I am a runner. I like to run.
But that doesn’t mean I’m a good runner. I can’t run very fast, or I get out of breath. I don’t tend to run very far. I take a lot of walking breaks when I run. I don’t like to run when it’s sunny, because the heat makes me crazy and gives me a headache.
I’m a runner because I like to run. There are few things in my life that match the feeling of running a long distance. Or looking at the distance you’ve come and realizing that crossed that all on your own two feet.
Running is convenient. All you need is shoes and running clothes, and you can run anywhere. But if you want to do aerobics, or lift weights, or climb stairs, you have to go an a class, a gym, buy some weights, find some stairs.
Running is wherever you are. For me, it’s right outside my house. I run down the street, as far as I can, and then I come home. I do this because I know I lack the willpower to do loops. If I have the opportunity to come home and stop running, I will. But if I run 4 miles away from my house, then I know I have to run another 4 miles to get home. I force myself to do it. I forced myself to do it today.
I’m not a pretty runner. Some women you see, at the gym, with their long blond hair and their sports bras and no shirt, running blithely along at 5, 6, maybe 18 miles per hour without breaking a sweat or breathing heavily. Not me. I get red in the face, I sweat a lot, I randomly stop and walk and even sit down. I don’t look good. I don’t look like I feel good. But I still run.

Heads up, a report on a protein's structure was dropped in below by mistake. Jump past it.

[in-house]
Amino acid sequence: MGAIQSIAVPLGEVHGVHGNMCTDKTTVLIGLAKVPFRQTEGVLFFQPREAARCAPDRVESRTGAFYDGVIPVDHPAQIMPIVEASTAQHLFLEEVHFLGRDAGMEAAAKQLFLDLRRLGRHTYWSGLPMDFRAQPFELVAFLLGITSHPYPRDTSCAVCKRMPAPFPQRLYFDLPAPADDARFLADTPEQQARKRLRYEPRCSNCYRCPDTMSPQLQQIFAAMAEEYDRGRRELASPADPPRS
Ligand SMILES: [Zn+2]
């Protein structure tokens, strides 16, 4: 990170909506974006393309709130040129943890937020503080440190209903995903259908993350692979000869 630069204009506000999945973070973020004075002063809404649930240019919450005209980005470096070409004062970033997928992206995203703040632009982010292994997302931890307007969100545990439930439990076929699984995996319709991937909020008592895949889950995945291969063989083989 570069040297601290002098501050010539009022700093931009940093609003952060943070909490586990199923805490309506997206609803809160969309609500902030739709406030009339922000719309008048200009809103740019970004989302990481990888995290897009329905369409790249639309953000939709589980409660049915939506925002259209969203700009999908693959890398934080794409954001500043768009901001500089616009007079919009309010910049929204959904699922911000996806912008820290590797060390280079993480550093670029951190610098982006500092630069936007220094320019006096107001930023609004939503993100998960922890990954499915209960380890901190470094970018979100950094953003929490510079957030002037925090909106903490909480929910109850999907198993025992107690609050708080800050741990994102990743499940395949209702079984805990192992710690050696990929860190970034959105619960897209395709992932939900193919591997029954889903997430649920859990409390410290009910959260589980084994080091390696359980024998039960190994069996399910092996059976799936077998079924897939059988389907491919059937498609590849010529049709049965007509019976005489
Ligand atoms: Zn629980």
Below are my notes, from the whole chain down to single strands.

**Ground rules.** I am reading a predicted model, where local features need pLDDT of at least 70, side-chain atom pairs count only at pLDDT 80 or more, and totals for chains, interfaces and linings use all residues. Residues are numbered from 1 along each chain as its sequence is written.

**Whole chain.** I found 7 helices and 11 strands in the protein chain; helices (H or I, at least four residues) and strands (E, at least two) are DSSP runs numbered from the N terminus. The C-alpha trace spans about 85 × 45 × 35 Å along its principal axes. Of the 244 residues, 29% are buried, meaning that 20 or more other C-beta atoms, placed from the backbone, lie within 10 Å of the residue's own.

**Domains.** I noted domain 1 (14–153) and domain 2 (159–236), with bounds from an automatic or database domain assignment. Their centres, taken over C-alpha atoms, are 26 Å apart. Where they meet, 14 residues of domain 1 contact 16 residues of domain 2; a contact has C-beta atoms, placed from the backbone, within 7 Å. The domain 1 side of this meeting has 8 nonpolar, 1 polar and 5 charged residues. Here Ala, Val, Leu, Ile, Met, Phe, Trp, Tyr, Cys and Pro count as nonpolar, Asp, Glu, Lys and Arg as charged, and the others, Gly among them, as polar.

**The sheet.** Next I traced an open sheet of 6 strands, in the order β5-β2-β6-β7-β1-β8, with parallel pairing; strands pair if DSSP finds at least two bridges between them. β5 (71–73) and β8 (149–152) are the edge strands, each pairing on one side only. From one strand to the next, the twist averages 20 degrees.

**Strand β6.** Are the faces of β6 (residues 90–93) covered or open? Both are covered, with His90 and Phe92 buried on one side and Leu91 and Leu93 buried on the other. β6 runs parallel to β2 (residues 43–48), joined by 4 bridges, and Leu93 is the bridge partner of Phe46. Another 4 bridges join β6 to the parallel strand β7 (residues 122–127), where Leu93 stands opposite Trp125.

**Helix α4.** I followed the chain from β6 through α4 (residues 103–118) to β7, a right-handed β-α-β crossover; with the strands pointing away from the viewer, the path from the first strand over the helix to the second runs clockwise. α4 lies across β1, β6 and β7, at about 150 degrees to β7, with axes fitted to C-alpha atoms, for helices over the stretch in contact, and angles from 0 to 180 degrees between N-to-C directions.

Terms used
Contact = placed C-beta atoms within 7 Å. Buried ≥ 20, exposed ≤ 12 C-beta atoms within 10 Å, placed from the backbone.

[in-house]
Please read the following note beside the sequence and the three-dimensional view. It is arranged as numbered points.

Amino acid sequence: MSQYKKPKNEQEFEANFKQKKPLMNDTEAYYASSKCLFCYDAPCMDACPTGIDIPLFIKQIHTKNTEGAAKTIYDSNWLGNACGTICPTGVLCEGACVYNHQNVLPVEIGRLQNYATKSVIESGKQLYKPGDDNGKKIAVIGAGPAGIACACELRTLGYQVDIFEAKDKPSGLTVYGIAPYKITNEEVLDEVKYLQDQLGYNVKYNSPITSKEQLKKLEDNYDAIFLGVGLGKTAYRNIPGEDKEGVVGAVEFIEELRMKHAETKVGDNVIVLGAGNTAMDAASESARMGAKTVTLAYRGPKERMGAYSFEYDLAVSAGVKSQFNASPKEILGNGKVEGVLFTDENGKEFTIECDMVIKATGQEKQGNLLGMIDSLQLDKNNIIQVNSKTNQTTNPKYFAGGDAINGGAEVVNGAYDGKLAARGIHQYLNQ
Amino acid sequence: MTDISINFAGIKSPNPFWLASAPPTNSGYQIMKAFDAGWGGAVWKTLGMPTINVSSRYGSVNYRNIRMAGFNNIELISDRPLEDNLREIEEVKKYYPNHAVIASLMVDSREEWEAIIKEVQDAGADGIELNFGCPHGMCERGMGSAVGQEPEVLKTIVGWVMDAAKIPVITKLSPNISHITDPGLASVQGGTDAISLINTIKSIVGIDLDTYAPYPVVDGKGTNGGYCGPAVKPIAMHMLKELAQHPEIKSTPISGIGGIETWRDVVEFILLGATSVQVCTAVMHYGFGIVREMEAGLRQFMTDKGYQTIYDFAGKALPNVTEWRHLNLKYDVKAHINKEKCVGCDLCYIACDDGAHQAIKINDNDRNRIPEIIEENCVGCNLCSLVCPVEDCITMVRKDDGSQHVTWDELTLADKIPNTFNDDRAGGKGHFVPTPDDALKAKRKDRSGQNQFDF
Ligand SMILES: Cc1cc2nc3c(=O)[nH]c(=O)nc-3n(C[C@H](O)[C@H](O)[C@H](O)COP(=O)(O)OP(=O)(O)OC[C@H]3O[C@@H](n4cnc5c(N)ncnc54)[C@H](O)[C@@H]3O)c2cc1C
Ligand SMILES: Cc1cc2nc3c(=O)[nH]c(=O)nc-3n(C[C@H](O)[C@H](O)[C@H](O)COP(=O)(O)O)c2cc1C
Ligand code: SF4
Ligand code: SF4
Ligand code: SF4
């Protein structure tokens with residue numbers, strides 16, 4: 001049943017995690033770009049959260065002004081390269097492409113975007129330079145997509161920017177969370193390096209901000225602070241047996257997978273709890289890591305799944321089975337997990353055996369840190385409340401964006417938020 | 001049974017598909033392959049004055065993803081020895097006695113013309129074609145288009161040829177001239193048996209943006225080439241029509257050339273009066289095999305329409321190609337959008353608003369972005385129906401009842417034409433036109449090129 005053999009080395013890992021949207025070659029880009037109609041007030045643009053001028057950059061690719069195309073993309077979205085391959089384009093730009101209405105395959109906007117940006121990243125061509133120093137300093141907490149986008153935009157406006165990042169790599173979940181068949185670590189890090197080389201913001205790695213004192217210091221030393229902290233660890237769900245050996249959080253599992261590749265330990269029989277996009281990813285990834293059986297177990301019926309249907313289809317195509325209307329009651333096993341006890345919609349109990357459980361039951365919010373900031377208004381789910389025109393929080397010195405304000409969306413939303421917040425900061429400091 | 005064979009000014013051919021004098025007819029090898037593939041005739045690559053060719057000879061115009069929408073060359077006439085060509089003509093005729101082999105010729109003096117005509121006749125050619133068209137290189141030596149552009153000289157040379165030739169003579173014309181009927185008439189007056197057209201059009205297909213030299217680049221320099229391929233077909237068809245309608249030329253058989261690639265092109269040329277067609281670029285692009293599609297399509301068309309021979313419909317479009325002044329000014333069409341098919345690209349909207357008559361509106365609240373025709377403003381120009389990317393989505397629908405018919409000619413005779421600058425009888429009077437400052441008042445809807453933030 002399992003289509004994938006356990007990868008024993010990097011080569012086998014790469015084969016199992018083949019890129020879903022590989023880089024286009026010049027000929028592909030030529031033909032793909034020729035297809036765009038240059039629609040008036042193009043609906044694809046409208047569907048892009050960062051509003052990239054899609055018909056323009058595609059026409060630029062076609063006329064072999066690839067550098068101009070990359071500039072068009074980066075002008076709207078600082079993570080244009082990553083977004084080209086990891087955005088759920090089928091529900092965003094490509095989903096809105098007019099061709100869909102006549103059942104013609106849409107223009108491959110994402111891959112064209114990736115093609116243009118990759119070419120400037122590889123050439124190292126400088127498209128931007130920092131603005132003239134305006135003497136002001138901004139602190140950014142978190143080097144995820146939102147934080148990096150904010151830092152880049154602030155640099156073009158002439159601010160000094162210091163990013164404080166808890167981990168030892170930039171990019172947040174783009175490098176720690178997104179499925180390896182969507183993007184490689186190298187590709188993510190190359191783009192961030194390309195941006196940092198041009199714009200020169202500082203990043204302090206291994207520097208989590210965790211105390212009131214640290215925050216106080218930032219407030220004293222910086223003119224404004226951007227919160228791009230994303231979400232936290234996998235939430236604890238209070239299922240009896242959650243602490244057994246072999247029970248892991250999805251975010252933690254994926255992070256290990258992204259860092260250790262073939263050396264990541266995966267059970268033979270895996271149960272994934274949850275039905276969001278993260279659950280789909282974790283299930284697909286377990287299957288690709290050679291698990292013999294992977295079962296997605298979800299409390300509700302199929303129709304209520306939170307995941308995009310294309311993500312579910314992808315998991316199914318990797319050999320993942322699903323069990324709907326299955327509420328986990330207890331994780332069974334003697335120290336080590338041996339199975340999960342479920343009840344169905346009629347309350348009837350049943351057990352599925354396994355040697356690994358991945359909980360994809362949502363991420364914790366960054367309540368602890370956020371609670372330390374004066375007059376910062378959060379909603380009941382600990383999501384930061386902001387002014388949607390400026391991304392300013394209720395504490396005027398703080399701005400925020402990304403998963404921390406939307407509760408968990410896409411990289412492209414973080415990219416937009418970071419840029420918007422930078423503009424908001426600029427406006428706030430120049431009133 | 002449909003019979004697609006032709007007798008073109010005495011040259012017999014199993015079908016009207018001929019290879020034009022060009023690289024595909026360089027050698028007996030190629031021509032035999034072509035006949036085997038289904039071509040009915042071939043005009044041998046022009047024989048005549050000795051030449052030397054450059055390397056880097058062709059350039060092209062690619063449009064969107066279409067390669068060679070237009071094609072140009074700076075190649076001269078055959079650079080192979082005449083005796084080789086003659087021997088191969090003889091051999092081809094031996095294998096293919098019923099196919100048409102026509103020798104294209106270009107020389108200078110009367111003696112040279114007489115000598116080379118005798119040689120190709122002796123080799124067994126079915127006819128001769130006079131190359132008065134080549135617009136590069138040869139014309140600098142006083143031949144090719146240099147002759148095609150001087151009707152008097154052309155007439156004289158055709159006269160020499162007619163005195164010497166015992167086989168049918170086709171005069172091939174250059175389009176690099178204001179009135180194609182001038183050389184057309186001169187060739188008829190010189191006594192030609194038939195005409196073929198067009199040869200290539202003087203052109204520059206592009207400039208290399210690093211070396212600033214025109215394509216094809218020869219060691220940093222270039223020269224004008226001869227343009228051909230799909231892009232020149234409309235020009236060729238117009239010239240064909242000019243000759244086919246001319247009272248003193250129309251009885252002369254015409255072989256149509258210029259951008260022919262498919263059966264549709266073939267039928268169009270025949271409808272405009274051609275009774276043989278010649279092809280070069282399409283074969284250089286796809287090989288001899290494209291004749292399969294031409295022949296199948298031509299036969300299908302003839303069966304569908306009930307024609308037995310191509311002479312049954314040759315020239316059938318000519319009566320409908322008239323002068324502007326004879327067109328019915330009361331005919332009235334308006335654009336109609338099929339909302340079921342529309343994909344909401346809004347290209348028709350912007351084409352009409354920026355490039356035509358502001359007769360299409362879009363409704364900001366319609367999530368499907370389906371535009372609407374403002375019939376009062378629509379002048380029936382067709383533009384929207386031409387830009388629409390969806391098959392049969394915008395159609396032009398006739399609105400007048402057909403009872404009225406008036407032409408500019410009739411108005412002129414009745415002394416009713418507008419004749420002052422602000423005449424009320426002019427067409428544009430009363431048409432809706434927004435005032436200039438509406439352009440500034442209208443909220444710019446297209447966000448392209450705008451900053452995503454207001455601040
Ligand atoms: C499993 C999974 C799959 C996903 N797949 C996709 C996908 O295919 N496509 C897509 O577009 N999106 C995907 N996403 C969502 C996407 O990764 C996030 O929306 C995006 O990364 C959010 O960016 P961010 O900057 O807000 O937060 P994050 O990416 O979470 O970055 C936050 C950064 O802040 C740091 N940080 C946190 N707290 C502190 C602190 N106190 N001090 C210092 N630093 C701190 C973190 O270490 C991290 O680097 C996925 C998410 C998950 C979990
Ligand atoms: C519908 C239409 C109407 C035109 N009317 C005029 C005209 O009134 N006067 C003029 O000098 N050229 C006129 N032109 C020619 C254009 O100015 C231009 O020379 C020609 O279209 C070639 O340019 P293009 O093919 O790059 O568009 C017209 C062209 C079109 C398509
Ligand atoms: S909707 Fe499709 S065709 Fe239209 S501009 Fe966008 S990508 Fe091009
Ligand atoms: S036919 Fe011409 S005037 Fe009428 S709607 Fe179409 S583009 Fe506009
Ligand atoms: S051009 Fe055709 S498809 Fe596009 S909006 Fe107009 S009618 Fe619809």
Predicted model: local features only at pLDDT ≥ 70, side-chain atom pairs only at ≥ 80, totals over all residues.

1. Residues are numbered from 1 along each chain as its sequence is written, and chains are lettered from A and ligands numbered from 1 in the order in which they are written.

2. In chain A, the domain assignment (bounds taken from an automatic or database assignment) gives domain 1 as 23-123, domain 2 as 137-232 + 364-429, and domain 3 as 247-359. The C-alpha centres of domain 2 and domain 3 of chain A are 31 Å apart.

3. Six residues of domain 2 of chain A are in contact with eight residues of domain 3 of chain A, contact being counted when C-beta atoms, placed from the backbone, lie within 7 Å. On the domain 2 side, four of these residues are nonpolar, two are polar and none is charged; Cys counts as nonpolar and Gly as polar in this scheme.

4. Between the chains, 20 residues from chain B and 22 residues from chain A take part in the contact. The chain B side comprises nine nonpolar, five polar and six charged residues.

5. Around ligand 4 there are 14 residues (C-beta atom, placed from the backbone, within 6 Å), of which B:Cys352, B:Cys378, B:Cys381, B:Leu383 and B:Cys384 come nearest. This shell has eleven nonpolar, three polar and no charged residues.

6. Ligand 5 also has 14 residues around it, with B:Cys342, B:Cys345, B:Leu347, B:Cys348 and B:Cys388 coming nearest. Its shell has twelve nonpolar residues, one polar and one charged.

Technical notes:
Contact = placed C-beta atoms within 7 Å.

I hate treadmills. That’s fine if they’re your thing, but I hate them. You can’t slow down immediately, or randomly sprint. But most of all, there are no landmarks. I need landmarks. I need that fire hydrant, that tree, that stop sign to look at and tell myself, I will run there. I may not run the full distance, but I will at least run there.
Most of this summer, I was sidelined by an injury. Ironically, runner’s knee. But I’ve figured out how to run so my knee doesn’t hurt. And what do you know, it doesn’t hurt anymore.
When I first got runner’s knee, John said this was maybe time to stop running. He’s probably right. After all, running was hurting me. Running is not an easy thing. It hurts your joints. It sends jolts up your spine. It makes me cranky. It gives you blisters and knee problems and weird tan lines. But I found myself wistfully watching runners this summer, as they jogged along my street. Even in this godawful heat, they still ran. And I wanted to be one of them again. I missed the feeling of just you and your legs, powering along. I missed feeling like I’d gone somewhere. I missed the accomplishment that comes with running. I missed running through my stress, my anger. Running, like all exercise, is a reset button for me. It’s my F5, and I wanted it back.
Since I haven’t been running in so long, I’m not very fast right now. But that’s OK. I’m improving. Next weekend, I’ll run 10 miles. The Sunday after that, November 14, I’ll be running the half-marathon in the San Antonio Rock n’ Roll marathon. I’ll be running it with my mom and thousands of other people. It’ll be awesome, I know. People cheering you on, bands playing, running with so many people. It will feel great.
But mostly, I’m just glad to be back in my running shoes.